The University of Maine student newspaper since 1875
Wednesday, Oct. 7, 3:46 p.m.

Democrats should stop playing blame game with deficit

With the budget sequestration looming over March, the Democrats have had a busy week, trying to publicly shame Republicans for allowing the supposedly draconian budget cuts to go into effect while simultaneously distancing themselves from the policy. The problem, though is that the policy is a complete and total sham.

The automatic spending cuts, scheduled to go into effect at the beginning of next month, came to be with the passage of the Budget Control Act. On August 2, 2011, President Barack Obama signed the act into order, to avoid the debt ceiling crisis. In return for a $900 billion debt ceiling increase, $915 billion dollars would be cut from the federal budget, between 2012 and 2021. The specific cuts were to be determined by a so-called Congressional “budget supercommittee.” If the committee failed to come to an agreement within a predetermined time frame — which it did — automatic cuts would be triggered: half from defense spending and half from non-defense spending.

The trigger was proposed by Obama’s Chief of Staff Jack Lew, who has since been nominated for Treasury secretary, and Deputy Chief of Staff Rob Nabors as a way to coerce Republicans into voting for Democratic tax increases and spending policy. The idea was that the GOP would never allow the defense budget to be cut so drastically — $51 billion in the first year alone — but when Republicans refused to be baited, the Democratic blame game began.

In truth, the idea originated in Obama’s White House, was introduced into the Senate by Democrat Tom Harkin and was eventually signed into law by Obama. From start to finish, Democrats are totally responsible for the sequester. However, because it’s unpopular, it will result in job loss, and it is dangerous from a defense standpoint, Democrats don’t want to be held accountable.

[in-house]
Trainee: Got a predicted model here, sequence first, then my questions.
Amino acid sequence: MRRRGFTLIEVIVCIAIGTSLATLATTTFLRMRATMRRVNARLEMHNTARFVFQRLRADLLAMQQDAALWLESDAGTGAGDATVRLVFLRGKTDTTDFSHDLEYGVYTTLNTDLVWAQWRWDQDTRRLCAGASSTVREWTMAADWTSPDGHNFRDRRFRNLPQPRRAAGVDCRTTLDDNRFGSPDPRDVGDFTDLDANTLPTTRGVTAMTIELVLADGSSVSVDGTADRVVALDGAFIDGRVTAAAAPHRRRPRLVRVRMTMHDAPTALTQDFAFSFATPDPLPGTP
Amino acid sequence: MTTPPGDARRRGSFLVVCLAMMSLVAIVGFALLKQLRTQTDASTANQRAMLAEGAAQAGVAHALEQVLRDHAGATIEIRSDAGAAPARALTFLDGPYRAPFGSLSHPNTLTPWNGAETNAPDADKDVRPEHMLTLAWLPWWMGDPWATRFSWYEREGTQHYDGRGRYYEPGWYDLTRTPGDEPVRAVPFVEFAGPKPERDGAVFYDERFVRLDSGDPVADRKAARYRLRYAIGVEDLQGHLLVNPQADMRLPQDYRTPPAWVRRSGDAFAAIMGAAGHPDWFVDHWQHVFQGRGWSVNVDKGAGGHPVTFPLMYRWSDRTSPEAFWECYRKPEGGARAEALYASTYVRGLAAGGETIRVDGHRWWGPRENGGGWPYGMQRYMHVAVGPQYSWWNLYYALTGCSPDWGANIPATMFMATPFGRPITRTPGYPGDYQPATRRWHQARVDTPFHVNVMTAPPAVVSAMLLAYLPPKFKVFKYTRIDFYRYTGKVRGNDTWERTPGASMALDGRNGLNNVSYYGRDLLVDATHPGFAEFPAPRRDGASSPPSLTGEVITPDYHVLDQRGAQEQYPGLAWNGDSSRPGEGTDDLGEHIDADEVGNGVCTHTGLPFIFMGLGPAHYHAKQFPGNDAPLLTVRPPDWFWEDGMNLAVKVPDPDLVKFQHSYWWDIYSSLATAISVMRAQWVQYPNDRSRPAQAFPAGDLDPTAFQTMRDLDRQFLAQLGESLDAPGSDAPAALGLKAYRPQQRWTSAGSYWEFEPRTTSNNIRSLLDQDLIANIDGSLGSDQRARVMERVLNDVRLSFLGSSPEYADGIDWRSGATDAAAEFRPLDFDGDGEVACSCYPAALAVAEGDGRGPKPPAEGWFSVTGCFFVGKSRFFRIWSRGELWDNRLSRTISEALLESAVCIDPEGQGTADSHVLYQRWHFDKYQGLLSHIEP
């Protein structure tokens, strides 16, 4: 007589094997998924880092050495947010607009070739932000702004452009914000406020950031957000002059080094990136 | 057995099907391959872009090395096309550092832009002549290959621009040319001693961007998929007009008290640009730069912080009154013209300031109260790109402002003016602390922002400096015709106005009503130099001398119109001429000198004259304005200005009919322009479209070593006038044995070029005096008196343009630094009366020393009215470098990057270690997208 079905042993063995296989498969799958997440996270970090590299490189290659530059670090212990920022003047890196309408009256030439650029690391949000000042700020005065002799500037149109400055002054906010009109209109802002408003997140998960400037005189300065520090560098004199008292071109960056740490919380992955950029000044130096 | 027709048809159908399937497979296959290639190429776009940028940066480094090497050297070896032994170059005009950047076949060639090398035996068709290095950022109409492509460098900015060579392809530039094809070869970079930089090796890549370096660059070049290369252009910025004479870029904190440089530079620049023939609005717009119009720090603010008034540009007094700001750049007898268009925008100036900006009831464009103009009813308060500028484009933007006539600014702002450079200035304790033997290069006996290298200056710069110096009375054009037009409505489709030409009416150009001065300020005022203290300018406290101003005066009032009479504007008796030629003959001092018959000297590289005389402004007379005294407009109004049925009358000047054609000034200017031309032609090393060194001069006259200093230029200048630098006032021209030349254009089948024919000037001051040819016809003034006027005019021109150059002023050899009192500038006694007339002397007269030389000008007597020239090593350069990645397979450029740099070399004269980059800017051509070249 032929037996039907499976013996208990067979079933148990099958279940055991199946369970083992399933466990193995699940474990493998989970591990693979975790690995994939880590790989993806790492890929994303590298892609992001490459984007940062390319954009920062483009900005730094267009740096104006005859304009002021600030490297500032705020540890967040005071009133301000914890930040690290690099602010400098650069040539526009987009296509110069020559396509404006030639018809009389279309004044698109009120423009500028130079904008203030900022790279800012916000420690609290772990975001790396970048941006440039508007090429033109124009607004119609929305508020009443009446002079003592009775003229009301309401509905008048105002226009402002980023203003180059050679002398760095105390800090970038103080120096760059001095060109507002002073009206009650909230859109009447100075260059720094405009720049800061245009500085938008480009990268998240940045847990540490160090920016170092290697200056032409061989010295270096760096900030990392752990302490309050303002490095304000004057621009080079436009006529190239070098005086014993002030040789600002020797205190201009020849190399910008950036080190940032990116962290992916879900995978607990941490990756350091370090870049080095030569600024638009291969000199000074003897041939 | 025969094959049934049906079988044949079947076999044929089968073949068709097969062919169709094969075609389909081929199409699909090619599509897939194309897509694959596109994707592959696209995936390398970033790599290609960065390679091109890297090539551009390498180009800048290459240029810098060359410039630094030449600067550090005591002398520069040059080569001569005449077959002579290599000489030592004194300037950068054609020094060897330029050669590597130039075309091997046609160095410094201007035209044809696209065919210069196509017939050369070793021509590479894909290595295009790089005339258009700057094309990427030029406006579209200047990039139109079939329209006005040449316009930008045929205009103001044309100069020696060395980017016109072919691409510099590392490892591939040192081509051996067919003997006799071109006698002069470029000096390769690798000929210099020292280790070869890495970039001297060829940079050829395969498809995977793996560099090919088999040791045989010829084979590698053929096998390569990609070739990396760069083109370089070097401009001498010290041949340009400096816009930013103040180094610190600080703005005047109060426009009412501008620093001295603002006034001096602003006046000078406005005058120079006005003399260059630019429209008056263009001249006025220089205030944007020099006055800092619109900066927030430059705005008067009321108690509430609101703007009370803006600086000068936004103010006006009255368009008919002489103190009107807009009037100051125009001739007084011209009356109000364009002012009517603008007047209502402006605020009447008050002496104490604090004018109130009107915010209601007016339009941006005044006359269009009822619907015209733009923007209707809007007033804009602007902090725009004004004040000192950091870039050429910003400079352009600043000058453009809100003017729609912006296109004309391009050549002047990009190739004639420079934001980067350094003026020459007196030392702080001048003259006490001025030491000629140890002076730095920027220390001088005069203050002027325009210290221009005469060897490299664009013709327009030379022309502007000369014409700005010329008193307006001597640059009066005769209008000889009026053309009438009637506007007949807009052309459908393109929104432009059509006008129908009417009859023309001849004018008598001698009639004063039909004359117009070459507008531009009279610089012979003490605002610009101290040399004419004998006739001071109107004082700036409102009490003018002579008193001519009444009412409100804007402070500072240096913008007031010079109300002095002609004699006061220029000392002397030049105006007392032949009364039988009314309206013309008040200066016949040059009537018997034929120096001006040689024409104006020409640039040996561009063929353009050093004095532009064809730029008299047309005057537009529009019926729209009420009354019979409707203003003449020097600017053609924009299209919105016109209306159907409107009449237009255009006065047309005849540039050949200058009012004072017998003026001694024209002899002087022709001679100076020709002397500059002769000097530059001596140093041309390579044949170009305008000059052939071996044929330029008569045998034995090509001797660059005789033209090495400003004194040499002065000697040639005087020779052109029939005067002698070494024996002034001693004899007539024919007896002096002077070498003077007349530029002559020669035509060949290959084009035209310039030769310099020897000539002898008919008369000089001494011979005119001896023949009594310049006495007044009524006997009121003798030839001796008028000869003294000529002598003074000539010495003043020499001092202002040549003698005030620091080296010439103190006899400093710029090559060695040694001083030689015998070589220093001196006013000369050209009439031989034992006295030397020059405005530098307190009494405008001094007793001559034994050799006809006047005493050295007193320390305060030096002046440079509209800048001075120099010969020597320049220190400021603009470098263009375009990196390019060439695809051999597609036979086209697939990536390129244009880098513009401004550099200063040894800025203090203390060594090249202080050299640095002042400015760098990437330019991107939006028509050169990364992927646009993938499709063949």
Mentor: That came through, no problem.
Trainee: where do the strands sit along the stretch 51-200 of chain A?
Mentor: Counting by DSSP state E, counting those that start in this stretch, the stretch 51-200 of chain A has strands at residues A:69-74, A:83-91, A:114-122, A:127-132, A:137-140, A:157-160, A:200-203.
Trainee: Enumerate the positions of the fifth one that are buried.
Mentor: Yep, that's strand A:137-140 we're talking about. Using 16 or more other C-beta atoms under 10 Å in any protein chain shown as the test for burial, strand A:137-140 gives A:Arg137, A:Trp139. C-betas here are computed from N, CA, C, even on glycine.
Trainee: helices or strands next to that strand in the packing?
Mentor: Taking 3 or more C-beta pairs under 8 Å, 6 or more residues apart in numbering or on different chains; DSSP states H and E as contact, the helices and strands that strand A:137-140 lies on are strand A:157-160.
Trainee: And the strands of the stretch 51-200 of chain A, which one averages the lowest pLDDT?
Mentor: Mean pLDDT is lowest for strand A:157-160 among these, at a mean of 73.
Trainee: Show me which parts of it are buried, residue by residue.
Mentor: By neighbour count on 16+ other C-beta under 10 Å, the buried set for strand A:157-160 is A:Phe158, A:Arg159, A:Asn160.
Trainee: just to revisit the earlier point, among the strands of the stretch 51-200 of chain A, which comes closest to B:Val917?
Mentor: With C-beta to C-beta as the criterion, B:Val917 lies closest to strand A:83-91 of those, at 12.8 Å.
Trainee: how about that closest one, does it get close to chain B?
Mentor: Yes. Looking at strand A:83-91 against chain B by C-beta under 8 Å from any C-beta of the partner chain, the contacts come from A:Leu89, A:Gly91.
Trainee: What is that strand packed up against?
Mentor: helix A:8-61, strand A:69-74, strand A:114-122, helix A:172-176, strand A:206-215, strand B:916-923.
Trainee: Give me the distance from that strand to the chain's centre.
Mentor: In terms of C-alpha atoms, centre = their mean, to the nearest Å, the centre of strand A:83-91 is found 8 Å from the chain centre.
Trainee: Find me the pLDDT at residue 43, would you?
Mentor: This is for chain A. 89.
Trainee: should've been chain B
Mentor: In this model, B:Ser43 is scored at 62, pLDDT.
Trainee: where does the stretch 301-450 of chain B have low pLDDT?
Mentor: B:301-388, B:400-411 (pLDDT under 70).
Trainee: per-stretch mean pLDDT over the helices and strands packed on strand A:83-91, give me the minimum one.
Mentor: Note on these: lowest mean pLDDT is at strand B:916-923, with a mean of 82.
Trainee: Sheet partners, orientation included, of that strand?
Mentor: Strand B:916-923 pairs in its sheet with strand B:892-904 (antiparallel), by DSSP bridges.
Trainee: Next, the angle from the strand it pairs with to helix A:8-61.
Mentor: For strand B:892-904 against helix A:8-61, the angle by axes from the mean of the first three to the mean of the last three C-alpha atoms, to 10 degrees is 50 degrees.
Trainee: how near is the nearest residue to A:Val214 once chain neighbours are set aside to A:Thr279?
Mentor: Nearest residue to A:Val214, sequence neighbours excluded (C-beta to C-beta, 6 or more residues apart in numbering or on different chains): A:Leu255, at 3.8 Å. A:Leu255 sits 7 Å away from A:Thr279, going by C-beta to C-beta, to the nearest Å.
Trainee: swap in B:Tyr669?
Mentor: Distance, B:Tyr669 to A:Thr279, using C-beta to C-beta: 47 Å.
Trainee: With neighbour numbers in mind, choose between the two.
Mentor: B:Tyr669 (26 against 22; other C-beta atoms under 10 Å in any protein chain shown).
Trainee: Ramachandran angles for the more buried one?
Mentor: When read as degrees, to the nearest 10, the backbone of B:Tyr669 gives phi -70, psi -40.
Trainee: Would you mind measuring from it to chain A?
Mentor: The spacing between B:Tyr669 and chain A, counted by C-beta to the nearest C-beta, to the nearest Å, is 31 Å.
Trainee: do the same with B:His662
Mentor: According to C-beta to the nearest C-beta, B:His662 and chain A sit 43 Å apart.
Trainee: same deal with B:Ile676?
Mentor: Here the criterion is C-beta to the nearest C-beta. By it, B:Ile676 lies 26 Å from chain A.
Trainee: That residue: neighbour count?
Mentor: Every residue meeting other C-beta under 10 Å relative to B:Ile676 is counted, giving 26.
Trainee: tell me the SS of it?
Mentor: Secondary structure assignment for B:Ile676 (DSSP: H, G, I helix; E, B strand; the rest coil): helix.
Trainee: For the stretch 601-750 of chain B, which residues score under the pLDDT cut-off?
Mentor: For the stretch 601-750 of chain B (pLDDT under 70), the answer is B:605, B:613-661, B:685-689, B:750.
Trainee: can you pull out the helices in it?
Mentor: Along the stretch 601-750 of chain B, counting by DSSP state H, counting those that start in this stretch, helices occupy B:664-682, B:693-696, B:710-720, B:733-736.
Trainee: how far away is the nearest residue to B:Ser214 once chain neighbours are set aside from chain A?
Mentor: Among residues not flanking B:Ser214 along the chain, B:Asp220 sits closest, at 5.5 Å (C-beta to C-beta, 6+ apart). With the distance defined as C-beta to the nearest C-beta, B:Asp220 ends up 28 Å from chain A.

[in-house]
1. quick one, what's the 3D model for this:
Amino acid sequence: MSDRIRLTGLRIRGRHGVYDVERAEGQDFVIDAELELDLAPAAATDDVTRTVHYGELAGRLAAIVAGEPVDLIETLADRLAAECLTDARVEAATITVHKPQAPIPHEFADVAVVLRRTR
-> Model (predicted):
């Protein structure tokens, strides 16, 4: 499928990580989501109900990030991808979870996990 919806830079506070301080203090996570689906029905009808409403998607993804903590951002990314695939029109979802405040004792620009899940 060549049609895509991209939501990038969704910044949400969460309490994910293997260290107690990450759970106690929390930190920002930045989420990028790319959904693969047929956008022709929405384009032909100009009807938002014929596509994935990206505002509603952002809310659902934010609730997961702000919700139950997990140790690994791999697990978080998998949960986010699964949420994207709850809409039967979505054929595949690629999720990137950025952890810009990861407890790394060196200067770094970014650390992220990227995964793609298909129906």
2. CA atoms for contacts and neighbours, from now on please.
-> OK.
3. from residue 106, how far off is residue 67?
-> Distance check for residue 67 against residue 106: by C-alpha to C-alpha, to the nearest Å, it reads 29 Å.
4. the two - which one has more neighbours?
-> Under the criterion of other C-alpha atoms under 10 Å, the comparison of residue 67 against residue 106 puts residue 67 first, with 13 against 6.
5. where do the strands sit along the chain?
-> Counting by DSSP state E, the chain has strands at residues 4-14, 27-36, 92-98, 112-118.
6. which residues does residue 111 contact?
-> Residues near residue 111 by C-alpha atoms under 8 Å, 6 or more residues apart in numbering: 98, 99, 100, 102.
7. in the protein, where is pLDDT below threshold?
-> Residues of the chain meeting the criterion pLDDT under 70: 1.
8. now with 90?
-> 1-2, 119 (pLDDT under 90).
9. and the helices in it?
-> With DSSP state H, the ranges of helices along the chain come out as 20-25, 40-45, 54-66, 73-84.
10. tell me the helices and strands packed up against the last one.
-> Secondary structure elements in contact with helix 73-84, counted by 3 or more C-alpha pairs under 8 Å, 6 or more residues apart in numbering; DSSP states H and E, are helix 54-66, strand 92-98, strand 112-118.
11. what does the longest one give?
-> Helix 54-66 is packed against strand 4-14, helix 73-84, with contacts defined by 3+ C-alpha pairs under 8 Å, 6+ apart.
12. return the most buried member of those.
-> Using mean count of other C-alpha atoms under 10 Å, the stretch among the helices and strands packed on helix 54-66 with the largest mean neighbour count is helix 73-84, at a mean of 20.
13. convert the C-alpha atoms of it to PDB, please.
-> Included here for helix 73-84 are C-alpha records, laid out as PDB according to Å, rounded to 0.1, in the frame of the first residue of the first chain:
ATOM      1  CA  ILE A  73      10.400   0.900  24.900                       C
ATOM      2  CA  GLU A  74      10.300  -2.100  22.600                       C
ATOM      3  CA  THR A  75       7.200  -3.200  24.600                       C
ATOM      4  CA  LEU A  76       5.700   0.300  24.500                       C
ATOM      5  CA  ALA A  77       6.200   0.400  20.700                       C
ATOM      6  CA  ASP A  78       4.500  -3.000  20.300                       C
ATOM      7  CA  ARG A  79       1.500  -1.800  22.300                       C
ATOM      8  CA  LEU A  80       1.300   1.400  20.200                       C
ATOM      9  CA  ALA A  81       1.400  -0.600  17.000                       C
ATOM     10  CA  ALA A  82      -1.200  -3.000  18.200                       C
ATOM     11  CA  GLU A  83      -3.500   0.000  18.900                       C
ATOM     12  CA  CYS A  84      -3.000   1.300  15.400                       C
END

Enter the current narrative: Democrats have already taken action to cut the budget, and the obstructionist Republicans, wishing to protect Wall Street fat cats and special interests, aren’t interested in further action.

The Democratic leadership, namely Harry Reid, is claiming the party has already cut $2.5 trillion from non-defense spending, and further cuts would be dangerous for the anemic recovery. Instead, they argue taxes should be raised again, to close loopholes.

But these cuts are also mythical. The $2.5 trillion number includes estimated revenue from the recent tax hikes, reduced interest payments and future caps on spending from projected budgets through 2022, which were outlined through the same legislation that created the sequester. In reality, they’ve taken no action. And the sequester really doesn’t create long-term cuts; it decreases and increases in growth in future spending. Projected deficits continue to rise in future.

Of the immediate reductions in military spending, the danger is the political nature of the sequester, which creates arbitrary lines to cut, rather than curb waste and mismanagement in the defense budget. At the same time, the long-term risks to the economy’s stability — unfunded and bankrupt welfare programs — remain unreformed.

Meanwhile, as a result of cuts, many defense contractors may lose their jobs and the majority, if not all, of federal workers will be furloughed — forced to take days off without pay. This will be detrimental to the anemic economy.

No wonder Obama and his cronies don’t want to be associated with the sequestration: It creates a short-term crisis without dealing with the long-term one. But by placing blame on Republicans, Democrats only make the situation worse. The only way to avoid the government shutdown, which many conservatives ideologically support, is across-the-aisle emergency legislation. Ostracizing Republicans is certainly not going to facilitate this, and it’s in Obama’s best interest to work with his opponents — the entire fiasco falls squarely on his shoulders.

Katherine Revello is a second-year journalism and political science student.